C. Available Dry Band Voltage theory and reciprocity uses a simple model for a tower to calcu-

As mentioned above, a better parameter than space potential late the electric field [8]. This field was then used to calculate

is the voltage across a dry band. The use of this parameter re- the induced currents on the cable and on workers who touch the

solves the controversy of whether the space potential should be cable. However, the influence of sag was not considered nor was

942 IEEE TRANSACTIONS ON POWER DELIVERY, VOL. 15, NO. 3, JULY 2000

=

(tower–tower span length S ).

include sag and phasing.

Fig. 5. Induced current model using the Thevenin Equivalent.

IV. THE LUMPED CIRCUIT MODEL

Transmission line electrical characteristics are often de- Thevenin equivalent, the circuit of Fig. 3 can be simplified to

scribed by distributed inductance, capacitance, and resistance that shown in Fig. 5.

per length. Inductance can be ignored for ADSS cable be- The reason why space potential is an important parameter can

cause the resistance per unit length is much greater than the be illustrated using Fig. 5. Suppose that is infinite (i.e. it

inductive reactance per unit length. Fig. 3 depicts a lumped represents a dry-band). If is small (i.e. contaminated and

parameter ADSS cable circuit model. In this model, the span wet condition) then . Now if the space potential and

, has been divided into sections of length Thevenin capacitance are roughly the same for each section and

where . Each section consists of the total is small, then is approximately the space

contamination resistance within the section ( , potential. Hence the voltage across (the dry band) is ap-

etc.), the capacitance between each phase and the ADSS cable proximately the space potential.

( , , , , etc.), and the capacitance between the Using superposition, a simple formula for the current in sec-

cable and ground ( , , etc.). tion n (i.e. through resistor ) can be written as:

In each section , where

and are respectively the resis-

tance per unit length of the ADSS cable and the capacitance (1)

per unit length between the ADSS cable and the phase con-

ductors and ground. Note that there are also capacitances be-

where is the current through resistor due to

tween phase conductors and between each phase conductor and

a voltage source of amplitude in series with capacitor .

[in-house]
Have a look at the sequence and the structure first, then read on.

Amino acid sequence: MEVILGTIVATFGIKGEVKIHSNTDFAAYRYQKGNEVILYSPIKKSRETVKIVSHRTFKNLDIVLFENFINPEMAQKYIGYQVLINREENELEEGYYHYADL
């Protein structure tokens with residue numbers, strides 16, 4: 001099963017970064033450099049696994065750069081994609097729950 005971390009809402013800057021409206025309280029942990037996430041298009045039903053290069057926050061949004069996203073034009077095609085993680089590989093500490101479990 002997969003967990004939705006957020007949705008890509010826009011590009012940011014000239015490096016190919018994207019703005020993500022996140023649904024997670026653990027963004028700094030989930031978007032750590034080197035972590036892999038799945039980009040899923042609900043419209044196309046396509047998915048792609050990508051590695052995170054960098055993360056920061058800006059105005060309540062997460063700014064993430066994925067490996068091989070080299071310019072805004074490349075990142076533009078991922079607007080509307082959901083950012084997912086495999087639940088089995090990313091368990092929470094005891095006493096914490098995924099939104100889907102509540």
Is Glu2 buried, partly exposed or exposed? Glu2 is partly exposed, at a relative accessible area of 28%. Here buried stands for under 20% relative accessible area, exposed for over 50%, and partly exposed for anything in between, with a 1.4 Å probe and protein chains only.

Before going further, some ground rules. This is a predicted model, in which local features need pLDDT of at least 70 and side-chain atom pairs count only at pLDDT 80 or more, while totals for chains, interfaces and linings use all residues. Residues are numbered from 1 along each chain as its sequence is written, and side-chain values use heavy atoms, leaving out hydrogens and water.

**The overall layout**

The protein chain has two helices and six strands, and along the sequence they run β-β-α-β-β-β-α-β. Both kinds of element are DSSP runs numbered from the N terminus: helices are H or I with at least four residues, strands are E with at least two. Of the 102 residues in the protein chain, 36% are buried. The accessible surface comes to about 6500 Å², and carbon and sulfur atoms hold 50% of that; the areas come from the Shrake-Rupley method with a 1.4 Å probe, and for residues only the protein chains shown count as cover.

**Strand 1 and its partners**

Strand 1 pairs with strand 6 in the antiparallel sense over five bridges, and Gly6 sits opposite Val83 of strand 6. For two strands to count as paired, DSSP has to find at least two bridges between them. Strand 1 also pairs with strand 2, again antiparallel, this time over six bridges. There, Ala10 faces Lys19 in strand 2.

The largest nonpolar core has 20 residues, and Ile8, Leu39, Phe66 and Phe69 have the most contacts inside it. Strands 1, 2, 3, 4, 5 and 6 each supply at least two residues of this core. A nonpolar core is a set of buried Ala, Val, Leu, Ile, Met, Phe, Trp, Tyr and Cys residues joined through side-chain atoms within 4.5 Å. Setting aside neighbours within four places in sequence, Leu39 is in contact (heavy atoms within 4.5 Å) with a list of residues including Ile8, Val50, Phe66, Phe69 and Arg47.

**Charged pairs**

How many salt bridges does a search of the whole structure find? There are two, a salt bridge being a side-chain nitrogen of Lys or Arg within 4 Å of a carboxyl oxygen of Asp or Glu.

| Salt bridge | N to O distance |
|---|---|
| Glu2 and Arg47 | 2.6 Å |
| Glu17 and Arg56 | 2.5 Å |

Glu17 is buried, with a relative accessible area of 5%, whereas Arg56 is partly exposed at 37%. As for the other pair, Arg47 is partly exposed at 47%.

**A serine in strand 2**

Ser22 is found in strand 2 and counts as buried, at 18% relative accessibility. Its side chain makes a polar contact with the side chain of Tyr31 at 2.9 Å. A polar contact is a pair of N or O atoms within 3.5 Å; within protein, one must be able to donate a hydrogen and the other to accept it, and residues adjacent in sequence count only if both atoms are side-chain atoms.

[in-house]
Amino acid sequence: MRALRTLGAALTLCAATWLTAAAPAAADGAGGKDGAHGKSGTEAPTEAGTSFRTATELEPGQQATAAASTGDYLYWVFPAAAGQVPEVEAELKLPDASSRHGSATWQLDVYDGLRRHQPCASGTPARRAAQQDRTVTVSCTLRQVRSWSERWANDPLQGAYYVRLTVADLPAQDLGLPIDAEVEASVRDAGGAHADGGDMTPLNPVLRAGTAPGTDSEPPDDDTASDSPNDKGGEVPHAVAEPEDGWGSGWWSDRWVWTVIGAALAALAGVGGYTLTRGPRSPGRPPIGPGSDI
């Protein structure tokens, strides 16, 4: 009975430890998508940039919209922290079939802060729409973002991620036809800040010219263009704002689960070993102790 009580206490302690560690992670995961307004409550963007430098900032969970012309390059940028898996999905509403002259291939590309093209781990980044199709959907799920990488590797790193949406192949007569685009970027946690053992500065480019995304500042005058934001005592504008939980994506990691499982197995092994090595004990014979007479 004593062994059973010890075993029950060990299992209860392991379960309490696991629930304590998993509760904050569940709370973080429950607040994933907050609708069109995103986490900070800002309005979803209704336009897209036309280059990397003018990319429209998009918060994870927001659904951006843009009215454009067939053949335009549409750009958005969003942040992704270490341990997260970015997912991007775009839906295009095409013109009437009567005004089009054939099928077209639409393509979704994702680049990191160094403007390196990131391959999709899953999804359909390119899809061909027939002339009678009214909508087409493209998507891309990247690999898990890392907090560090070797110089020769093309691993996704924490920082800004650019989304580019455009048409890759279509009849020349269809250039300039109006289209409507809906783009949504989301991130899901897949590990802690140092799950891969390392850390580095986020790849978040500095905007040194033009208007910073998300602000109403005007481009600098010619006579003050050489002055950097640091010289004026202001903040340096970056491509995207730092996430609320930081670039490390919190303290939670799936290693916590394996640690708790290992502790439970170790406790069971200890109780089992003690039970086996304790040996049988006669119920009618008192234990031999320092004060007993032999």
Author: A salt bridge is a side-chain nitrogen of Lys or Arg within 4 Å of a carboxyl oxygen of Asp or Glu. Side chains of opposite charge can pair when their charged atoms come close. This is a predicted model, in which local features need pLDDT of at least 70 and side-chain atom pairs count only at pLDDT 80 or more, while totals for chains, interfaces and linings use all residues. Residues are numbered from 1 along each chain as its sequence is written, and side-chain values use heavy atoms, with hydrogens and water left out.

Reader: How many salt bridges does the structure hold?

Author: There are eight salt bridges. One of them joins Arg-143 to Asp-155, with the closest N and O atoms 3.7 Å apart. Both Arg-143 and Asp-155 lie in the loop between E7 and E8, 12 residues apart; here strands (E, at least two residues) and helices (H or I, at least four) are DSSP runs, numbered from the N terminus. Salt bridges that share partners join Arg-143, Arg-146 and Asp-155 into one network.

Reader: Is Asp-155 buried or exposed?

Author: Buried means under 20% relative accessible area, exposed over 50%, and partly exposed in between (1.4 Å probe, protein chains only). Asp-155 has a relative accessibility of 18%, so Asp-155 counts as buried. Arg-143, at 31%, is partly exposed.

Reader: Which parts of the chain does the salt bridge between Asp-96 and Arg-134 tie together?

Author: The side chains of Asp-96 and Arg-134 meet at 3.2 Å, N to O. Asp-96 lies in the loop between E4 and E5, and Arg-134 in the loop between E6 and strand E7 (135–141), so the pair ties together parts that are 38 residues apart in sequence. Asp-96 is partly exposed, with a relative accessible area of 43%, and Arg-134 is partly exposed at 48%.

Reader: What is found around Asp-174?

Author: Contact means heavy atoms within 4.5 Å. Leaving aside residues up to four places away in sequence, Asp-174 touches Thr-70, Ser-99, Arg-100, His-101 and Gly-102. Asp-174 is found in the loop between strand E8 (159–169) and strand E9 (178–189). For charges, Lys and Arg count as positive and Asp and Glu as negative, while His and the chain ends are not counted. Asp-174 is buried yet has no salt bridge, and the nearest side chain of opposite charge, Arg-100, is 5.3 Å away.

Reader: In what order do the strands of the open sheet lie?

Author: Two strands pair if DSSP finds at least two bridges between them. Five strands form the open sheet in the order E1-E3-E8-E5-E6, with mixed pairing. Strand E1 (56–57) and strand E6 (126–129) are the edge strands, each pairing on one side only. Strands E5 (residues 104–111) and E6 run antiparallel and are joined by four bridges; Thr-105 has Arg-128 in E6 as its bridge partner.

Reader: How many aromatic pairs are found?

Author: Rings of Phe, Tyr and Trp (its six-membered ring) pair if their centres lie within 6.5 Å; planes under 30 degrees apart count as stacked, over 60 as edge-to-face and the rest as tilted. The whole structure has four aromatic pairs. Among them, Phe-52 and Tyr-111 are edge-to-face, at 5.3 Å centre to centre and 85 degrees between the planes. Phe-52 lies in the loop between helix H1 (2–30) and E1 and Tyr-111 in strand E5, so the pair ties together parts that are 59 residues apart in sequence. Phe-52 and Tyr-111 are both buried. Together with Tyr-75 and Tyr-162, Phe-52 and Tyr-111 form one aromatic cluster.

ground. However, these do not affect the induced currents and

Once is determined using the methods in [16] (out-

are not included in the model. , and are the conductor

lined in Appendix A), Equation (1) can be used to calculate the

voltages. , etc. and , etc. are the induced volt-

current through or voltage across any resistor. The same equa-

ages and currents on the ADSS cable.

tion is the starting point of Appendix B and used to show that

It is possible to solve for the currents and voltages by di-

the circuit model presented here and the electromagnetic reci-

rectly solving the circuit shown in Fig. 3. In fact, this is the

procity model of [8] yield identical results.

method used to generate the results in this paper. Solution details

In most situations and (i.e. currents entering the

may found are in [16] (outlined in Appendix A). Additional in-

grounded hardware at the towers) are the largest currents and

sight into the coupling mechanism can be found by simplifying

the location of most reported failures. But subsequent analysis

the circuit of Fig. 3 using Thevenin’s theorem. More specifi-

will reveal that this is not always true if the effects of sag are

cally, the circuit shown in Fig. 4(a) at terminals AB (i.e. ADSS

incorporated into the model.

cable—ground) can be replaced by that shown in Fig. 4b. Here

is the open circuit voltage between terminals A and B

V. CAPACITANCE/SPACE POTENTIAL CALCULATION

which is the unperturbed space potential (i.e. in the absence

of the cable) at the section “m” along the ADSS cable. The As is evident from Fig. 5, a knowledge of unperturbed space

Thevenin capacitance is found by setting the voltage sources potential is useful for calculating the induced currents and volt-

equal to zero and (since the capacitances are now in parallel) ages on the ADSS cable. Here “unperturbed” means the space

calculating . Using the potential due to the energized conductors in the absence of the

TUOMINEN AND OLSEN: ELECTRICAL DESIGN PARAMETERS OF ADSS FIBER OPTIC CABLE 943

Fig. 6. Dimensions of 500 kV BPA 238 Series tower with ADSS cable.

Fig. 7. Conductor and ADSS cable sag profiles - Conductors at 2%, ADSS at

ADSS cable (but including the effect of the tower). The unper- 0.5%, 1.25% and 2%.

turbed space potential along the path of the ADSS (prior to cable

installation) must start at zero at the tower and has maxima at

one or more locations along the path. Given the effects of towers

and conductor sag, calculation of unperturbed space potential

generally requires the use of a three dimensional electrostatics